A light sport aircraft-maker is scoping out land owned by the city near Covington Municipal Airport for a manufacturing plant.
The unidentified manufacturer submitted a request for information regarding 72 acres near the airport and the industry Nisshinbo for a 100,000-square-foot plant, City Manager Steve Horton told the council Monday. The plant would employ about 80 people initially, and that could increase to as many as 600 in a few years, Horton said.
The city has offered a sale price of $27,500 per acre. The manufacturer would not likely purchase the entire property.
"We may never hear another word ... but they wanted a firm number so we're giving them one," Horton said.
Mayor Kim Carter said the asking price "allows us not to lose any money but not make any big profit. We're hoping the prospect will like our proposal."
The company makes personal aircraft for one to two people and is expected to reach a decision on a plant location around mid-year, said Shannon Davis, economic development director with the Covington-Newton County Chamber of Commerce.
"It would be a good boon to the economy," she said.
The City Council gave formal approval of the offer Monday night by a vote of 5 to 1, with Councilwoman Hawnethia Williams opposed.
In other news, the council is considering amending its ordinance addressing unfit dwellings. The amendment under consideration would allow the council to order a condemned building to be demolished if the cost to repair the building exceeds 50 percent of its value.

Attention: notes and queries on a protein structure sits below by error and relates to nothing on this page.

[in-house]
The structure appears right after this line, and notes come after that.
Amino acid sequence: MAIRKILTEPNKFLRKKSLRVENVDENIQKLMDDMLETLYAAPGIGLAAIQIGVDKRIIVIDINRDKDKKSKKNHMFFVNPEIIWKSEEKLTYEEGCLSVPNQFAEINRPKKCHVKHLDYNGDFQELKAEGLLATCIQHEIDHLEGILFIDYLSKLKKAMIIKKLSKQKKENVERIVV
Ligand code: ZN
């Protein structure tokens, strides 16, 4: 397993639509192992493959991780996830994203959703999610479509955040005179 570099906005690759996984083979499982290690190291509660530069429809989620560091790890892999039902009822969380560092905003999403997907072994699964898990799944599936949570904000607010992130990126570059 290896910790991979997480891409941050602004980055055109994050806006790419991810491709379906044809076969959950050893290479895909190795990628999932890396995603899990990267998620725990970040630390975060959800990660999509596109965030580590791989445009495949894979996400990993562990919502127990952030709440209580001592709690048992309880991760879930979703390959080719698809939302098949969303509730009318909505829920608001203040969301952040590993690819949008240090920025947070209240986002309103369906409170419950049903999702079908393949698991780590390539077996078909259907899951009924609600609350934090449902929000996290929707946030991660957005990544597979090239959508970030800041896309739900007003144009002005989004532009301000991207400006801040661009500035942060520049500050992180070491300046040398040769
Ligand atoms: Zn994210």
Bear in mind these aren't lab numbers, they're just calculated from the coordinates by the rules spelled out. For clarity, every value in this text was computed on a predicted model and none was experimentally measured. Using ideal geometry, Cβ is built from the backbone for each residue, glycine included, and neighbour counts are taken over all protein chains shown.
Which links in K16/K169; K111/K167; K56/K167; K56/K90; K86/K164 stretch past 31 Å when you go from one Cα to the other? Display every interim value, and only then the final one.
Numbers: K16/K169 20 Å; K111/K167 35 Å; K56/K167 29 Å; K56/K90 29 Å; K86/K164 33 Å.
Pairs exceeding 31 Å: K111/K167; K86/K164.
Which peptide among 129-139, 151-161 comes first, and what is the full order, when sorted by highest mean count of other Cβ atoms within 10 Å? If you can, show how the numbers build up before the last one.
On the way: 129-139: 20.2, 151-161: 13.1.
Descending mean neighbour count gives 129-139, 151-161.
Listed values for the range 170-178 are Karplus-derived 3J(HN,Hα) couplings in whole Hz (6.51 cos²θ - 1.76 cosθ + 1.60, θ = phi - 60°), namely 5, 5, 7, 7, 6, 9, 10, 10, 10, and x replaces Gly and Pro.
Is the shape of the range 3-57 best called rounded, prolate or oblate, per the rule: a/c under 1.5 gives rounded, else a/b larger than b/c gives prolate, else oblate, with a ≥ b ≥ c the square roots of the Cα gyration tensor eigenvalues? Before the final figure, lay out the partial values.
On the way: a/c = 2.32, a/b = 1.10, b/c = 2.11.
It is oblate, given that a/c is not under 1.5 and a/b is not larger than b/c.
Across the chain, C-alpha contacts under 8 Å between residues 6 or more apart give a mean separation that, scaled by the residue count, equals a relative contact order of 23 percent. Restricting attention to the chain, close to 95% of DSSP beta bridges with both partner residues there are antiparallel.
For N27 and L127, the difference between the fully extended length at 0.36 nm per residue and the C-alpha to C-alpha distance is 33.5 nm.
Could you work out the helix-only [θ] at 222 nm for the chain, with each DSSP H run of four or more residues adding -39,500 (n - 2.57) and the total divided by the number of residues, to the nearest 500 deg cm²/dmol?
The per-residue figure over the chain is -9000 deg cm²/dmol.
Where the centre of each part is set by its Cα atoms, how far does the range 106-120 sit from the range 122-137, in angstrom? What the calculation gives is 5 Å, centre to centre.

The provision was in a prior ordinance but was removed when a new ordinance was passed in 2008. The issue came to light during recent discussions about how to address blight in the city, Carter said. The council approved the first reading of the ordinance Monday. Final approval is expected at the Feb. 21 meeting.
Finally, the city has been awarded a $443,000 Community Development Block Grant from the Georgia Department of Community Affairs to replace water lines and install fire hydrants along Geiger Street and nearby North Banks, Hudson, Need, Moore, W. Durden, E. Durden and Maddox streets. Some of the lines are more than 75 years old.
The total project cost is $553,000, with the city paying $110,000. At least $28,000 will cover the city's administrative costs, and will be in-kind service rather than cash contribution, said the city's grant writer, Randy Conner. Another $8,200 will be applied toward upgrading lines from 6 to 8 inches.
The city fell just short of meeting the required criteria to receive a grant in 2010. DCA notified the city last month that additional money was available and because the council recently approved funding of the engineering work on the project, it qualified as shovel-ready, the main reason it was selected, Conner said. The project is expected to begin in July.